Car Ownership Expected to Remain Firm in 2027, Survey Says

  • Diana Asatryan
  • January 26, 2017
  • 0

Gazing far into the future, many executives in Corporate America see … continuing individual car ownership, with greater, but not a predominance, of rideshare and autonomous transportation.

That’s the upshot from the State of Mobility survey conducted by Mobility Buzz and released yesterday.

The survey asked about 300 corporate respondents to “describe what mobility will be like in 2027,” and most said they expected much of the status quo to remain. The transportation industry has been “under pressure” to create new capacity and affordability in the ecosystem, one respondent wrote, leading to a shift in thinking for OEMs, insurance companies, as well as tech providers. This new mindset will have huge implications for the transportation industry as a whole in the next 10 years, according to the survey.

Overall, the survey suggests that by 2027, public transit will be the major carrier in urban areas, with improvements in city infrastructure (or “smart” cities). Private vehicle ownership is already on decline, especially among millennials, which works well, since smart cities – like Oslo, Norway – are already discussing a potential ban of private cars from city centers. This, according to the survey, will speed up the widespread adoption of self driving vehicles, with estimated 30% of all cars being autonomous by 2027 — a “once-in-a-generation” transformation, according to Daniel Ramot, CEO of ridesharing startup Via.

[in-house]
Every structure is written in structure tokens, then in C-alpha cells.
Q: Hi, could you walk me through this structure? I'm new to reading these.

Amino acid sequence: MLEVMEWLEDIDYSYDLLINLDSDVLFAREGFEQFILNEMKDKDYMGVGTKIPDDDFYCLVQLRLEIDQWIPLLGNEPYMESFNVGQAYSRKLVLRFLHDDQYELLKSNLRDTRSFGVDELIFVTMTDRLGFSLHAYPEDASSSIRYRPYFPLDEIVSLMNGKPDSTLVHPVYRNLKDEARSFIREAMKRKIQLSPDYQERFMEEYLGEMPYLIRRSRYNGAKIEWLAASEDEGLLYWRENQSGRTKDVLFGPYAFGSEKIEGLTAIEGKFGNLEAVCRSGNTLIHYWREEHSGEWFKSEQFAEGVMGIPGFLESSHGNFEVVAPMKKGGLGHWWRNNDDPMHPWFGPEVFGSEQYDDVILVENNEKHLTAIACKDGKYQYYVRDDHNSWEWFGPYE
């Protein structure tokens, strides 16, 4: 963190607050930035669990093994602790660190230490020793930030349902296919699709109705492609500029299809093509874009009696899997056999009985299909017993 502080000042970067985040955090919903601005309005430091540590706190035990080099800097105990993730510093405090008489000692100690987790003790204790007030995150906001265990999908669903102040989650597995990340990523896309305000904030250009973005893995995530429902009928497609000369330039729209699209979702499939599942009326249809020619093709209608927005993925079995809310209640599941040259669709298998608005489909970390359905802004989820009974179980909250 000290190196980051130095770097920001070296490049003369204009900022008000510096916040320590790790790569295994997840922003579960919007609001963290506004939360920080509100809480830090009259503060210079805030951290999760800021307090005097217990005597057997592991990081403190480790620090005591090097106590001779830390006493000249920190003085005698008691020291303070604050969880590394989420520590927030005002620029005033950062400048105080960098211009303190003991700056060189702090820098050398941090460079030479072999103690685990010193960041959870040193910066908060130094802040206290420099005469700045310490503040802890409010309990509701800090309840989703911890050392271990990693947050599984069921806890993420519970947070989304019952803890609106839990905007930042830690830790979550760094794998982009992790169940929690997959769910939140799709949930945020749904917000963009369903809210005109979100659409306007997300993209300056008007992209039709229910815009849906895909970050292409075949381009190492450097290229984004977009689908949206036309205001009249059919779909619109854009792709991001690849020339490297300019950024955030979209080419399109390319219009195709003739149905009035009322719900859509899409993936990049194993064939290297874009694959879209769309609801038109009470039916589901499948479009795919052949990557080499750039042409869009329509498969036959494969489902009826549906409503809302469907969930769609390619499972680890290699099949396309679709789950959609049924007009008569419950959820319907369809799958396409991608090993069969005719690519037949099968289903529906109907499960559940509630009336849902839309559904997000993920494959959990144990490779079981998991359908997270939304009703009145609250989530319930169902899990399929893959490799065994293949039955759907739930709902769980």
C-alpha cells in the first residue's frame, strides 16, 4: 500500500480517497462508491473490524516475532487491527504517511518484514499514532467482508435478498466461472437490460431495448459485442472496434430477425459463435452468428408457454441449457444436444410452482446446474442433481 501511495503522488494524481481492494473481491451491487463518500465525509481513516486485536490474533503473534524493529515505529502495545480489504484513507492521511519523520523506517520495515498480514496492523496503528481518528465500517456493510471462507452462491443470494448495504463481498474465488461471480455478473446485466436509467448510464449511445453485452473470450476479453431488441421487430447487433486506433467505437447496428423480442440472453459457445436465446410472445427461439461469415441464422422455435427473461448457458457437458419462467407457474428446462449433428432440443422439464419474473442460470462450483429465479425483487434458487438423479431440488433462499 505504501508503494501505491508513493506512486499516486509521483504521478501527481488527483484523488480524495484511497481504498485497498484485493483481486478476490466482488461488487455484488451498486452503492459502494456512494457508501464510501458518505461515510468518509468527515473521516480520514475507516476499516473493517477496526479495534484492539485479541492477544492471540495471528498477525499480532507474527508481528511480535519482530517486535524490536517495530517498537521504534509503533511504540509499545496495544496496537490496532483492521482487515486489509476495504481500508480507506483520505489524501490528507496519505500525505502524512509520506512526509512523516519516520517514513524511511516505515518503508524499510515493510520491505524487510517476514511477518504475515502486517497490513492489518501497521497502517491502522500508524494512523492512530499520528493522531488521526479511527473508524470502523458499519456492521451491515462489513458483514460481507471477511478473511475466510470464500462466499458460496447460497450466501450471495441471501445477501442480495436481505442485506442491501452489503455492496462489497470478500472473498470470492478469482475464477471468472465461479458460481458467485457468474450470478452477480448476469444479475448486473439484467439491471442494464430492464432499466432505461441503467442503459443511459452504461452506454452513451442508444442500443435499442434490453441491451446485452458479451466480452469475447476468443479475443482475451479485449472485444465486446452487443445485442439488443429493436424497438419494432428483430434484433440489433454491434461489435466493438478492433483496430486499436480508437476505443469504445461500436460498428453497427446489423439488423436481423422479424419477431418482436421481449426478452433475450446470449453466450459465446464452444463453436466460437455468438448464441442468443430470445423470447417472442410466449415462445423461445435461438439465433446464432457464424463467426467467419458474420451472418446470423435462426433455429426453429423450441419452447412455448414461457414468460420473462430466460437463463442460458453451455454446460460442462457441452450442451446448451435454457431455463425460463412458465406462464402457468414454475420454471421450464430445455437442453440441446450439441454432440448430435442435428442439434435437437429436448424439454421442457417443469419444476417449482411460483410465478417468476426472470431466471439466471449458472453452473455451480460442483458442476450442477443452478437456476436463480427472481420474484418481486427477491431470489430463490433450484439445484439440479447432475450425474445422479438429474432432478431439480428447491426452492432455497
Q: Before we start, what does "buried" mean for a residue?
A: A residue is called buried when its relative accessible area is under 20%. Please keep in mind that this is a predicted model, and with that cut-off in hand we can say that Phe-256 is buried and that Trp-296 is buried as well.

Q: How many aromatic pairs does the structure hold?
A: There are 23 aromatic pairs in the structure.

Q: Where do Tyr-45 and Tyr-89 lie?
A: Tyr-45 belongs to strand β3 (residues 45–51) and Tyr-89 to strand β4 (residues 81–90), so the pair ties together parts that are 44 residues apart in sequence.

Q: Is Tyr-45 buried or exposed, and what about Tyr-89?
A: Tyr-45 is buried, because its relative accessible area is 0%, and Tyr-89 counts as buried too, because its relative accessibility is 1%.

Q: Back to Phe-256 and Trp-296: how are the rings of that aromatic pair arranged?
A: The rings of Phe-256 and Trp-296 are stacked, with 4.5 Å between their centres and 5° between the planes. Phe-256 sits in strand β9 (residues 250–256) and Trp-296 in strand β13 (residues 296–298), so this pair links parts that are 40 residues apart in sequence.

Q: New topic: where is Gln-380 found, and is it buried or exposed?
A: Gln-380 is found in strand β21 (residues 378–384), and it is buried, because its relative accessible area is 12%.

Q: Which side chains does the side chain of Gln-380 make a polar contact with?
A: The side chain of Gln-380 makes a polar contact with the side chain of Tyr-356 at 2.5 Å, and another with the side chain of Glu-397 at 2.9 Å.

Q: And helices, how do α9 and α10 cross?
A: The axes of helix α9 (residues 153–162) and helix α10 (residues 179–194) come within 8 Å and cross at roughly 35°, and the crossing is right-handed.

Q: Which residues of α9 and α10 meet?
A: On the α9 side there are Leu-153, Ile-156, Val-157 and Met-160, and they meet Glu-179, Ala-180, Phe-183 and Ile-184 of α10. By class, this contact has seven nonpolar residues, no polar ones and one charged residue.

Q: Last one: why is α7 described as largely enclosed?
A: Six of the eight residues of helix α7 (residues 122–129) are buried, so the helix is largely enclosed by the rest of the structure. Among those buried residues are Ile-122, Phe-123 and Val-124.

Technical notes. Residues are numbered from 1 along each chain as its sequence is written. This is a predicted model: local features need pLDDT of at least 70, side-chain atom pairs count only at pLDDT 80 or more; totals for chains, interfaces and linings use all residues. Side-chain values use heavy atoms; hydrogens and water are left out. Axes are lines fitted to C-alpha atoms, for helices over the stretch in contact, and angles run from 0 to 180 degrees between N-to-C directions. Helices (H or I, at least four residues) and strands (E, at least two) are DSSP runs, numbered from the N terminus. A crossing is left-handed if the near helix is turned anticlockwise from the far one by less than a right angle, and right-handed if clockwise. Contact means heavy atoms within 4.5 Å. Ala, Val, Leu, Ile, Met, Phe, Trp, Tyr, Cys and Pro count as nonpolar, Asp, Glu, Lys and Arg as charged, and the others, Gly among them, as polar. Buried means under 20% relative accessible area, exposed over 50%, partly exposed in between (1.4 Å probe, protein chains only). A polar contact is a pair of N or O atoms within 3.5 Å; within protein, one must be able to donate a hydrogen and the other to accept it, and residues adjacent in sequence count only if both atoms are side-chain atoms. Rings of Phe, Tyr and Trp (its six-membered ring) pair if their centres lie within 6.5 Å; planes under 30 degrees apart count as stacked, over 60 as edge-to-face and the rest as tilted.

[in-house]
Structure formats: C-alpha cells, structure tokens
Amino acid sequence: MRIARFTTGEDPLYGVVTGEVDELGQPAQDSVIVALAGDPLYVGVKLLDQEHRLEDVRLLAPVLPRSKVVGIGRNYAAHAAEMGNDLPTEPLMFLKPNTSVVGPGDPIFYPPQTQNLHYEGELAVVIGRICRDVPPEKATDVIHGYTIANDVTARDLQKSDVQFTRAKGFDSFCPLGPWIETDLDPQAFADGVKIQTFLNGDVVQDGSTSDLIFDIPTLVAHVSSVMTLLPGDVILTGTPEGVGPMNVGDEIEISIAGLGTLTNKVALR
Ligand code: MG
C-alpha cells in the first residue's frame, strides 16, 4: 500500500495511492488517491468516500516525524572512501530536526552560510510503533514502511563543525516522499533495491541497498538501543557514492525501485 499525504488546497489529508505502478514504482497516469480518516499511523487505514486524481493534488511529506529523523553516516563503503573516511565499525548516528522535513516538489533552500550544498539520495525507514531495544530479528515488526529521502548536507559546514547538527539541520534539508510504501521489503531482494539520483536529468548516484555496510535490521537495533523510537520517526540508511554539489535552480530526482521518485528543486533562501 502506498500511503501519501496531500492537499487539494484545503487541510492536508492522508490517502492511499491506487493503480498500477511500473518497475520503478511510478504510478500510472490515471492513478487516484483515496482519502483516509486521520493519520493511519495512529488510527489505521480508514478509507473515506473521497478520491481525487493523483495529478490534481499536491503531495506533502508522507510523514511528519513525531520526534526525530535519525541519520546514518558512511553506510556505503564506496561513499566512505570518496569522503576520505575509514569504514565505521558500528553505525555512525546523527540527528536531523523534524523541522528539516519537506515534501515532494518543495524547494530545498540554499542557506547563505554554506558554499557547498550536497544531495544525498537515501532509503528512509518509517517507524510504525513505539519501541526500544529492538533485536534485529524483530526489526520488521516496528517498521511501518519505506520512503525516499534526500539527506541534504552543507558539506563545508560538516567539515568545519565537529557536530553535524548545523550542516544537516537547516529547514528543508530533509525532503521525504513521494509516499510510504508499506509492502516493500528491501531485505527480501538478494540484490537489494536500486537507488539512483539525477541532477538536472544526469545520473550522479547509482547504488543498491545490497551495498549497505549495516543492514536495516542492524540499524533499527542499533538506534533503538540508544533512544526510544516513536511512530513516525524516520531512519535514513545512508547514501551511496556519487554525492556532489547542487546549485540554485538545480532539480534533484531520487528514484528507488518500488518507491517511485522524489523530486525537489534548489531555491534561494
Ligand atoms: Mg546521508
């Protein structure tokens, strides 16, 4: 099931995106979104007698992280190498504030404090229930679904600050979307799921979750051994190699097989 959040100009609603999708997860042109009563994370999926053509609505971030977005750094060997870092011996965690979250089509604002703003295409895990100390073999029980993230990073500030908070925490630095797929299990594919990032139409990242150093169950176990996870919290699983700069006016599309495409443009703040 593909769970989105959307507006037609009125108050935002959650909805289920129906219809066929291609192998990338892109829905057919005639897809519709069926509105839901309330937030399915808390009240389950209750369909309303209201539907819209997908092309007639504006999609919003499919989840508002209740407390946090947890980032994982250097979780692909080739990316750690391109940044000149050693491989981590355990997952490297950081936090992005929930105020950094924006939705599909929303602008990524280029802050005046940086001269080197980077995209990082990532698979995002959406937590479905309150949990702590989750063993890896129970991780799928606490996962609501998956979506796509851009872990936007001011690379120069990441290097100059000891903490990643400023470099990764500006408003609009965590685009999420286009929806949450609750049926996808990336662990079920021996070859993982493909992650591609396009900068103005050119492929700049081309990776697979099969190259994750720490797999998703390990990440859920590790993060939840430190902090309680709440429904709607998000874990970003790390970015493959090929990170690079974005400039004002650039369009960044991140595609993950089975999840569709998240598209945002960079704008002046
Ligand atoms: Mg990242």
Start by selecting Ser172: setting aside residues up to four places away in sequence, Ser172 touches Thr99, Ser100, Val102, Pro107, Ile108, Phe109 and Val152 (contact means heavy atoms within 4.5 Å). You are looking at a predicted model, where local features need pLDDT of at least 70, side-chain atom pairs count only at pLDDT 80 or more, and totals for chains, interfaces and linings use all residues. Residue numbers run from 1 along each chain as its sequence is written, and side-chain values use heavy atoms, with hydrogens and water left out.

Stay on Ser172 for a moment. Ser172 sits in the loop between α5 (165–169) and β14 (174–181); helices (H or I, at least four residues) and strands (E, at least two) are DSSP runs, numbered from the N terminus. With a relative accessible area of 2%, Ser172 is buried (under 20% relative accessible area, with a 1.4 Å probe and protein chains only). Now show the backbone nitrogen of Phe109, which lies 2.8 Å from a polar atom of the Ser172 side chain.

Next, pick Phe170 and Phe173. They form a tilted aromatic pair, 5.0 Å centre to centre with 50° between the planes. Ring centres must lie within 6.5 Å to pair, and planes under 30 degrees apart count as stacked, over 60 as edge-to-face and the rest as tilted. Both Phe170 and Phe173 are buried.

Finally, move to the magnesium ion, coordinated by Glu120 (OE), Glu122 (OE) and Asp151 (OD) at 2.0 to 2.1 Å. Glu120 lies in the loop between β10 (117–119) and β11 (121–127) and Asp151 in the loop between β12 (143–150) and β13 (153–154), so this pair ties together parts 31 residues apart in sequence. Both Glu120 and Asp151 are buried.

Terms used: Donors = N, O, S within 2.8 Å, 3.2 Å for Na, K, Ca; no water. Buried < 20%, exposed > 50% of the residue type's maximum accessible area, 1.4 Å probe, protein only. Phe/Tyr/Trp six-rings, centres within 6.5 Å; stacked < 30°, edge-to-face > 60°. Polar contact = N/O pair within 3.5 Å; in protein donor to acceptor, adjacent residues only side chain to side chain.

“We believe there is a massive transition from private, human-operated vehicles to shared, on-demand electric, and, in the future, autonomous public transportation,” he said during the Israel Tech Meetup last week. “The ultimate vehicle is a shared, autonomous, on-demand, electric shuttle bus.”

The Mobility Buzz State of Mobility survey gathered about 300 respondents from various sectors of the mobility industry: from the aircraft industry, to fleet management, telematics, software providers, and traditional OEMs.  

Still, there was healthy dose of uncertainty expressed in the survey results.

“It is too soon to expect [that in 2027] autonomous vehicles will be anywhere near ubiquitous,” one respondent said. “Sharing models will probably expand significantly, and see new entrants and new models. But I am unsure which path regulators will take, so it is hard to predict if simple questions like ‘will dealers be there’ have a huge beta.”

Check out more survey results here.

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